Volvo Trucks is having its electric truck range tested under very low temperatures close to the Arctic Circle. The aim of the manufacturer is to check the ability to maintain battery performance, even when the temperature is far below zero. The key question is: what happens to a battery-powered truck when the thermometer shows -25° C and hard winds set in?
So far, electric trucks represent only a modest percentage of the total truck market, with a few hundred all-electric heavy-duty trucks delivered to transporters in Europe this year. Volvo has lately announced an important order of 10 more FE e-trucks coming from Southern Italy, with the vehicles supposed to be delivered next year. Here’s a post about Volvo Trucks’ electric range.
How Volvo electric trucks are being tested
«We have customers all over the world and our trucks need to perform everywhere, so harsh climate testing is essential, of course including our electric range», said Jessica Sandström, SVP Product Management at Volvo Trucks. «When testing our trucks out in the field, close to the Arctic Circle in northern Sweden, we assess all the unpredictable elements of nature. The wind builds up ice on the truck, which gives us great opportunities to make sure that everything performs correctly under extreme circumstances. Our tests have shown that it works very well to operate our electric trucks in these really cold environments».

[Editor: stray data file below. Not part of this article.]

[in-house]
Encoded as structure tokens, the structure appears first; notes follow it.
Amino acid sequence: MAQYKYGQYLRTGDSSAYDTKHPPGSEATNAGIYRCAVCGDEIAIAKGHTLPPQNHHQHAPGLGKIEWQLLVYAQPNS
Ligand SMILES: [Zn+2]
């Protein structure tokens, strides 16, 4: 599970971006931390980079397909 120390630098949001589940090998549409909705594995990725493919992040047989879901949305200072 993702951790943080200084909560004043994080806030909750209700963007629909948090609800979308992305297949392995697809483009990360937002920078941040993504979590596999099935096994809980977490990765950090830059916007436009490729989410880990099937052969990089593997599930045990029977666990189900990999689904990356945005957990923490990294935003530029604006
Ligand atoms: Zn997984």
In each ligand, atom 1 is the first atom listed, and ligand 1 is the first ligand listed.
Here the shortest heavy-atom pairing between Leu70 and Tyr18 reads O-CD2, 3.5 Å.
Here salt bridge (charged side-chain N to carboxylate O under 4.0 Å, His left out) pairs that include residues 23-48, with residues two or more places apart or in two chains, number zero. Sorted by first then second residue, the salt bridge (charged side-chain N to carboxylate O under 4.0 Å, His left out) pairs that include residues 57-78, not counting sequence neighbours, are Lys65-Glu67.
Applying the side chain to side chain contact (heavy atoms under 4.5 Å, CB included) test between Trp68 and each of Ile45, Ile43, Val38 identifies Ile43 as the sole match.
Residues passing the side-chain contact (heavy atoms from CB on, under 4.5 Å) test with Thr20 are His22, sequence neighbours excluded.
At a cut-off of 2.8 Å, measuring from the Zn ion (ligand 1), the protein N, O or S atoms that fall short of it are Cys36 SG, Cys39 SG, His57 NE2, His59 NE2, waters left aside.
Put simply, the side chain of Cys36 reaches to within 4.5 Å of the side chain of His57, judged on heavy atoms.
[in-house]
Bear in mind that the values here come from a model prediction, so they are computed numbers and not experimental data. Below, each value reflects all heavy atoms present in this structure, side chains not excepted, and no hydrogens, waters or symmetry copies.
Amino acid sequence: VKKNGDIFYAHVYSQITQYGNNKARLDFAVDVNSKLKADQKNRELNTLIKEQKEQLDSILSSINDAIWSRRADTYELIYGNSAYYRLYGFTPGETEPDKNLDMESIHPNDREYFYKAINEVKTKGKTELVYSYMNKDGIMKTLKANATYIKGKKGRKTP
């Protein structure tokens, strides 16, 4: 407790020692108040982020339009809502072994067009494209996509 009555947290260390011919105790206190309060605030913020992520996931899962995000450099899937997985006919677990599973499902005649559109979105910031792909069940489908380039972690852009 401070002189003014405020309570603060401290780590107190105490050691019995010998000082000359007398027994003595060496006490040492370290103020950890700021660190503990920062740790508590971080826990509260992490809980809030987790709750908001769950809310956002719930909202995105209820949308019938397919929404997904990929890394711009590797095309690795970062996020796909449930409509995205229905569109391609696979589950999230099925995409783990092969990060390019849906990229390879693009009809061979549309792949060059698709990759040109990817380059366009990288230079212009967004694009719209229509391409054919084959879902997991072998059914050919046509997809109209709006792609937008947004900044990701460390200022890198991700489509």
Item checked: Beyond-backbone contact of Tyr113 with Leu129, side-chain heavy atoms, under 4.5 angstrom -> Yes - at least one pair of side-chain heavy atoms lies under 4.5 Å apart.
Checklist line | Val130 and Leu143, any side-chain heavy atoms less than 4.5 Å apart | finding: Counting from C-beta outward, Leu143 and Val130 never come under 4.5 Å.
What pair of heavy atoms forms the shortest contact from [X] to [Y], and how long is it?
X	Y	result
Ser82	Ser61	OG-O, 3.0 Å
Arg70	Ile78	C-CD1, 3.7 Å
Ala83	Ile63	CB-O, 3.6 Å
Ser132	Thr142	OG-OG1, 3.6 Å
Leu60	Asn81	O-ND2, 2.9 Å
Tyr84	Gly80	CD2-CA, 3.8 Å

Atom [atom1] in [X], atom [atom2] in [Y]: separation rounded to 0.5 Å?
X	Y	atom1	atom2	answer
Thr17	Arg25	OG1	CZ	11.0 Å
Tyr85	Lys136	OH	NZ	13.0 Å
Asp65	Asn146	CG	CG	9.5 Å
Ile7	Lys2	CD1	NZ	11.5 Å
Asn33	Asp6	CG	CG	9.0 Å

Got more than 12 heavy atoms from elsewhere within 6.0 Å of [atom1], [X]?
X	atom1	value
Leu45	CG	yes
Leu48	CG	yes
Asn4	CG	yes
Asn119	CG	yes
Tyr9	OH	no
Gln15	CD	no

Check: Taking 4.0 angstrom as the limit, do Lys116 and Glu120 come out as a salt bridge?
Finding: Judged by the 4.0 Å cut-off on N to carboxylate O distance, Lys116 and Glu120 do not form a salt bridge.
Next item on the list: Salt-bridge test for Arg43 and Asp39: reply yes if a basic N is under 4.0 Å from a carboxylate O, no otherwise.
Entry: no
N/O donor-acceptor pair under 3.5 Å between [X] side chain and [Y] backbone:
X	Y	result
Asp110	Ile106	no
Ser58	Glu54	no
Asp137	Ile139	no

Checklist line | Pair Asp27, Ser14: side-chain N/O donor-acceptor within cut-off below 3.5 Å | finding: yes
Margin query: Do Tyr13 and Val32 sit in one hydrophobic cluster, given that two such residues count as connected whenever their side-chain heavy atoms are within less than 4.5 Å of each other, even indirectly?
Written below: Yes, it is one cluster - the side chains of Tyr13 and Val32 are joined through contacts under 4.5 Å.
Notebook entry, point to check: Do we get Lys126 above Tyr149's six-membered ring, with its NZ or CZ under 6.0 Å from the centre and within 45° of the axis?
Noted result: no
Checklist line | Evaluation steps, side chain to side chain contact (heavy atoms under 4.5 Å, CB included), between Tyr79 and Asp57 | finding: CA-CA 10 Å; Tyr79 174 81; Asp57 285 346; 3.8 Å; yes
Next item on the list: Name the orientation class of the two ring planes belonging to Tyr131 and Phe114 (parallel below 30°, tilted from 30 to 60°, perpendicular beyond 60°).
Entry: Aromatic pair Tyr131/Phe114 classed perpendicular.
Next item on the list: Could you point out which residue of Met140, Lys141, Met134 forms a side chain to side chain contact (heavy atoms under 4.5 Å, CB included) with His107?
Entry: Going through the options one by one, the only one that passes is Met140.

A new feature: Ready to Run
According to Volvo Trucks, one tangible result of the winter testing is a new feature called Ready to Run. This feature prepares the truck for the workday, when needed by pre-heating, or if operating in very warm weather, by cooling the batteries and the cab of the truck. The optimal temperature for the batteries is around +25° and the driver can easily start the preheating or precooling, remotely via an app. The complete Ready to Run feature will be available on the Volvo FH, FM and FMX Electric that are used for regional haul and light construction.
«We are driving the change and have a leading position in the European market for electric trucks. We already today have electric trucks in serial production and are delivering to customers all over Europe and North America. Our goal is that 50 percent of our total truck sales will be electric by 2030», concludes Jessica Sandström.